Little Fish In A Big Pond | Darling Magazine

I love my job.

I work at an organization that is run by a group of killer top executives — professionals who took the road less traveled and invented a new way to drive. They’re idea people, well connected and inspiring, drawing excellence from everyone we work with.

But they’re not the only ones on the front lines of that cutting edge.

They’ve surrounded themselves with a group of innovative, driven 20-somethings eager for a chance to make their mark on the world. And that’s where I come in.

Hired three months ago, I now, on a regular basis, find myself sitting in meetings with people who frankly are decades beyond me in maturity and experience. I might as well have a fluffy pen and a dog in my purse with how much I look (and probably sound) like Elle Woods.

But there I am, in meetings with these top executives, listening to them throw out ideas with automatic speed and accuracy, when the room gets quiet and they look at me: “Stephanie… what do you think?” Yikes!

I’m learning from the best of the best, and although it sometimes feels like trial by fire, I’m learning quickly and am thankful to be invested in—especially in such an intentional way. I’m also incredibly lucky that along with throwing me into the deep end, they’ve also provided me with a guide on ‘how to swim.’ And that’s something that I’m excited to share with you.

Here are some tips on how to survive (and thrive) as a little fish in a really big pond…

1. Put yourself in their shoes. Think like your leadership. Learn to anticipate their wants and needs and expectations and worries. Taking the time to understand them will help you serve them better—you’ll be helping fight a downhill battle alongside the people who sign your paycheck. A win for them, and a win for you.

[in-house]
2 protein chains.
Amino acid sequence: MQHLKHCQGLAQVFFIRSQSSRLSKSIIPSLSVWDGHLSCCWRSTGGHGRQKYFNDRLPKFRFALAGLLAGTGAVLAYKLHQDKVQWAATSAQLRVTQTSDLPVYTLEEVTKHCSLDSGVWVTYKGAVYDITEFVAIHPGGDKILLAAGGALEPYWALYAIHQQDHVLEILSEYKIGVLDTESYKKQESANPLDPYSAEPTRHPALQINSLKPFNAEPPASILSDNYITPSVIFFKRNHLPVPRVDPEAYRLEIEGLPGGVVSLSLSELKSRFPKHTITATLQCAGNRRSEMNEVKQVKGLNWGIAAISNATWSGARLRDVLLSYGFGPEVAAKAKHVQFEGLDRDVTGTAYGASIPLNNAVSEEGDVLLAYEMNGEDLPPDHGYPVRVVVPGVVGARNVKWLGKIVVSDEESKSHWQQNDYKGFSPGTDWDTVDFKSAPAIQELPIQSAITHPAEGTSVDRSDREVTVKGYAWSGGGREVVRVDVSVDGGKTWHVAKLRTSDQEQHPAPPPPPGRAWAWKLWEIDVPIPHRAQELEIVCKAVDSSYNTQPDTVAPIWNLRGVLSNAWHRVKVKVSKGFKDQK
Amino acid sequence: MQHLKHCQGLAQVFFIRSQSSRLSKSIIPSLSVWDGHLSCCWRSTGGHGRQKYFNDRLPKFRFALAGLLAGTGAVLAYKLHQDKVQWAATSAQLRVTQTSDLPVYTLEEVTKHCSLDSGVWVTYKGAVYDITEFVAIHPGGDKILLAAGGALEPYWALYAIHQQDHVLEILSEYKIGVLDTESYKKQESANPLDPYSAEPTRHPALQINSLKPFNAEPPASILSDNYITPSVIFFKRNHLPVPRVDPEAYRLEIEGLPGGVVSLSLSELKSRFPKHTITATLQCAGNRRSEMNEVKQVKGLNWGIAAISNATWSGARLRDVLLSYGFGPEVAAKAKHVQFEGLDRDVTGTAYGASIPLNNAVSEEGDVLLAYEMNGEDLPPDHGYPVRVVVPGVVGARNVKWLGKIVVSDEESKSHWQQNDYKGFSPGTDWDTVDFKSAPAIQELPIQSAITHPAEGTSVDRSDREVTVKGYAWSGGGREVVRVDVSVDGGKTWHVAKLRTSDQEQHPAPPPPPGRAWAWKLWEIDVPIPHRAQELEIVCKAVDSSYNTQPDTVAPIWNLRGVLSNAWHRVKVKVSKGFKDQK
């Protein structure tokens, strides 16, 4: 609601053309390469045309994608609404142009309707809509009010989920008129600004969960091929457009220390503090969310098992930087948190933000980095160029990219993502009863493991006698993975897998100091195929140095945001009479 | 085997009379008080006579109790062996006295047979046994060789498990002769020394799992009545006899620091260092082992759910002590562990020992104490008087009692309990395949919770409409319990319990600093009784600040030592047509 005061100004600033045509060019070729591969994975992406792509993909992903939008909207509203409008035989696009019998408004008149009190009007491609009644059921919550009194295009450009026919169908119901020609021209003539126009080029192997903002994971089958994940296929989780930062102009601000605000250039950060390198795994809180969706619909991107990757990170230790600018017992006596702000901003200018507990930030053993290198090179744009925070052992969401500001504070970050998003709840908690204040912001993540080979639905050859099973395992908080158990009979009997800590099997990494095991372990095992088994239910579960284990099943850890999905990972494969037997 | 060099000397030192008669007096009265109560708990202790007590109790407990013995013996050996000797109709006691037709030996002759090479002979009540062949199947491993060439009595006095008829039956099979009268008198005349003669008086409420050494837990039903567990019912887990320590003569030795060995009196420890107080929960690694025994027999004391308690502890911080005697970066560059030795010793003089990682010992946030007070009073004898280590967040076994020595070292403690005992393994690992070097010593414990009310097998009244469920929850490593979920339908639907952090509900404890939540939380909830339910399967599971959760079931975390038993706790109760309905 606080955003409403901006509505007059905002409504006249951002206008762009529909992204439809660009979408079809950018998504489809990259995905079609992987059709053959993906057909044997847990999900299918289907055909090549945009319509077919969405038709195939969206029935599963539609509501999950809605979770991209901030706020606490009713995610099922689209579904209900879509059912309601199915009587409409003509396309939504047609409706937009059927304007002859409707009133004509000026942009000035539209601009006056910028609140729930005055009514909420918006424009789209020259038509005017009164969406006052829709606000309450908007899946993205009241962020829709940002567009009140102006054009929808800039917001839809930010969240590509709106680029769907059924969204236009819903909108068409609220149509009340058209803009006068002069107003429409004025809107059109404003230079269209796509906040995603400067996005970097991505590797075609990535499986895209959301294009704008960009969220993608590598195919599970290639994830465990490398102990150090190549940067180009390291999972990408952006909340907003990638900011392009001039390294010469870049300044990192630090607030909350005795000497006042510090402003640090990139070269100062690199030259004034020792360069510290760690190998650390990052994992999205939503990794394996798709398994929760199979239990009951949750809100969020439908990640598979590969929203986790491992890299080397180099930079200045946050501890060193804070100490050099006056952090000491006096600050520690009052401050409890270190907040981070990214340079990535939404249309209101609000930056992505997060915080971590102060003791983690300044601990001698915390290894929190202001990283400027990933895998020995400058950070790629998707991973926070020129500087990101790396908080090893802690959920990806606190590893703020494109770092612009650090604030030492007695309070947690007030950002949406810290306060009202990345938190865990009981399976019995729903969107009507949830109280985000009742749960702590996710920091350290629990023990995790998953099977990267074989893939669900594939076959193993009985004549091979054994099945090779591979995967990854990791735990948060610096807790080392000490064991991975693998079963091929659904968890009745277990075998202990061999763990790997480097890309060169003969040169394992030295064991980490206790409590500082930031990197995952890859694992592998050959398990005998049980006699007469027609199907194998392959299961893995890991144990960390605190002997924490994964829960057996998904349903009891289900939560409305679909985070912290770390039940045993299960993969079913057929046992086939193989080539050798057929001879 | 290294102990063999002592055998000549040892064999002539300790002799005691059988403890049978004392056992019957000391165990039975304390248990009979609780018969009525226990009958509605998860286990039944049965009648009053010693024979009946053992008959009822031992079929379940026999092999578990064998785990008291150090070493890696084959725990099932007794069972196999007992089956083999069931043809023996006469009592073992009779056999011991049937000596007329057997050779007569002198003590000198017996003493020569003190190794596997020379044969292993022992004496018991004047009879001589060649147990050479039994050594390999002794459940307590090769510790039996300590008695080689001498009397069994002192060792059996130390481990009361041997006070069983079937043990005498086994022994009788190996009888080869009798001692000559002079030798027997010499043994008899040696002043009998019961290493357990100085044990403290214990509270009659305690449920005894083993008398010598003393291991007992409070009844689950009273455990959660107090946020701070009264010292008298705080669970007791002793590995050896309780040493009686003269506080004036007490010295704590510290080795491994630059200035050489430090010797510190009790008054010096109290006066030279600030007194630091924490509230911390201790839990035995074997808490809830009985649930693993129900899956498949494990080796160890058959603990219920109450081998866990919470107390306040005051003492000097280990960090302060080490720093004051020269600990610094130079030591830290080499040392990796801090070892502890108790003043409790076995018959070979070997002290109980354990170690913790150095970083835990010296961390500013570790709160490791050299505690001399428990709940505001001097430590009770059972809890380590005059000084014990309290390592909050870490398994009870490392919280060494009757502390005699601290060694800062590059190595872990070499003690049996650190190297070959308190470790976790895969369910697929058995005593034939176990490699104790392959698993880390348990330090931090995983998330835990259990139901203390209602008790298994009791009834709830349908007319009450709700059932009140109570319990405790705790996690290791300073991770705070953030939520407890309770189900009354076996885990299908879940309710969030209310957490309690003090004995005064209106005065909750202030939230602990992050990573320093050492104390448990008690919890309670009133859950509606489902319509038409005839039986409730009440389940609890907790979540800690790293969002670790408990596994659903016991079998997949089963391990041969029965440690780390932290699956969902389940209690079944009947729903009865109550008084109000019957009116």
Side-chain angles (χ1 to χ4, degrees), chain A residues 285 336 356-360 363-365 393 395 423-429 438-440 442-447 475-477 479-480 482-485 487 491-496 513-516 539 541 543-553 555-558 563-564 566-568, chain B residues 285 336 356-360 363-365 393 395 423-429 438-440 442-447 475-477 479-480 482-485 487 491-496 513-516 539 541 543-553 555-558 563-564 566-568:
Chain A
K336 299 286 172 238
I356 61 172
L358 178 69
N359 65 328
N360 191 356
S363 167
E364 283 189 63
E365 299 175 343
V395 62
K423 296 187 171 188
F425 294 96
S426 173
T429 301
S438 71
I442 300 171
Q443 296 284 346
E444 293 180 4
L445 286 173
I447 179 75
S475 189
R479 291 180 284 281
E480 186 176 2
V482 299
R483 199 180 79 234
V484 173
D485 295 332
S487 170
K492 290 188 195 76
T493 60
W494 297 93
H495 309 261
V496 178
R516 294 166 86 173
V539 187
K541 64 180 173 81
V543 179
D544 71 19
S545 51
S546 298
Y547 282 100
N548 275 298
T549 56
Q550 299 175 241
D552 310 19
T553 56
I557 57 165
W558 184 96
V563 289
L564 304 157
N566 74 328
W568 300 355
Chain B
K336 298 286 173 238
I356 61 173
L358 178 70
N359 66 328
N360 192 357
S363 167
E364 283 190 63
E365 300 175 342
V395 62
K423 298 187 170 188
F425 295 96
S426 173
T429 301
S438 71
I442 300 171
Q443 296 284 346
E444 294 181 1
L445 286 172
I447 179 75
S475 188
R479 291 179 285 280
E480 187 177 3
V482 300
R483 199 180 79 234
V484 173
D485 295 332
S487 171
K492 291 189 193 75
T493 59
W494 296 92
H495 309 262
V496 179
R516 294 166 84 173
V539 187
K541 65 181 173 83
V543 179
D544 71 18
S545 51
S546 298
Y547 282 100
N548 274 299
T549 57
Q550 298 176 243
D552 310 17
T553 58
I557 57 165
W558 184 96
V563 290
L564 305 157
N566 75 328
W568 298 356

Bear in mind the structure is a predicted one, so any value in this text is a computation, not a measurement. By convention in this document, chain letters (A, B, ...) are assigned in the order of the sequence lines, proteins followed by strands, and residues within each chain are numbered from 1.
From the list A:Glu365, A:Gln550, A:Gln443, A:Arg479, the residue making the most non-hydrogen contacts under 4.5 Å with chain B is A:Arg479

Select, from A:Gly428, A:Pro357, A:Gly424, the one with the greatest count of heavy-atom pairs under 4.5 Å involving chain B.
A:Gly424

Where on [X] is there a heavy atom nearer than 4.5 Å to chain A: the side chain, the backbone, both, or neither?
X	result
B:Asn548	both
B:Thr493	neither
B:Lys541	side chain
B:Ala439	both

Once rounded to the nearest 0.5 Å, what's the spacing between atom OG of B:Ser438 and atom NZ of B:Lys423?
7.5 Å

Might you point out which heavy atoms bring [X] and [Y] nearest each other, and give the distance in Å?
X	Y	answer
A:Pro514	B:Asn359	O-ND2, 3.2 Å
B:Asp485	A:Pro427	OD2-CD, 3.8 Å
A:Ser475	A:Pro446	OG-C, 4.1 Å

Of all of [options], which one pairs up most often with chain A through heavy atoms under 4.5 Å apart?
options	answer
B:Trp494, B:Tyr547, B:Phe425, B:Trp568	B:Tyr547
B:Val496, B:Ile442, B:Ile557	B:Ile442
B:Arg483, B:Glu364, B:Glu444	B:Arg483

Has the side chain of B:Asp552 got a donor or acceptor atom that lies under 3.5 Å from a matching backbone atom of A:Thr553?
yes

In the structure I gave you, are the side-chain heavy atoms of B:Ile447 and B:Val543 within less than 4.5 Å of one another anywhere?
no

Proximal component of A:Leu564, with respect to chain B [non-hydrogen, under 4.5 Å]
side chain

2. Come prepared. Standing in these executive shoes, you can also understand that executive leadership is busy. iPhones are buzzing, suitcases are always packed and efficiency is the name of the game. By going above and beyond in your preparation, you’ll be able to maximize the time you get with these important people and really impress them by demonstrating that you put in the time and know your stuff.

3. Ask good questions. Don’t try to pretend you have all of the answers. If you do, instead of demonstrating your competency, you’ll demonstrate your inexperience—and come across as a bit presumptuous (never an endearing trait). So humble yourself. Ask good questions. Be a sponge to your leadership, ready to glean anything and everything you can from their years of experience and maturity. They’ll appreciate your eagerness and humility and you’ll also learn a lot.

4. Bring a pen. Take notes during the meeting. Some leadership even like to have follow-up emails that include a summary of the meeting and the next steps that will be taken. That way they know that you understood what they wanted and they know what to look for from you next. You’ll be making their job easier, which makes your job easier!

5. Know your value. You are where you are for a reason. Someone believes in you, sees value in you and wants to help you develop your skills. So be confident. Although you have less experience, you do have some experience, even if it’s just in life. Sit confidently knowing that you’ve brought something to the table—even if it’s just a different set of eyes.

Image via A Well Traveled Woman


  1. Stephanie, I like you’re humility. It mixes well with your work-ethic and godly ambition. That’s one reason we believe in you as we do.

  2. This is beautiful and spot on…now if I could impress this on more of my 40 something circle our world would work so much better! Thank you for your courage in sharing it. I know my own 20 something daughter experiences this herself in the corporate world!

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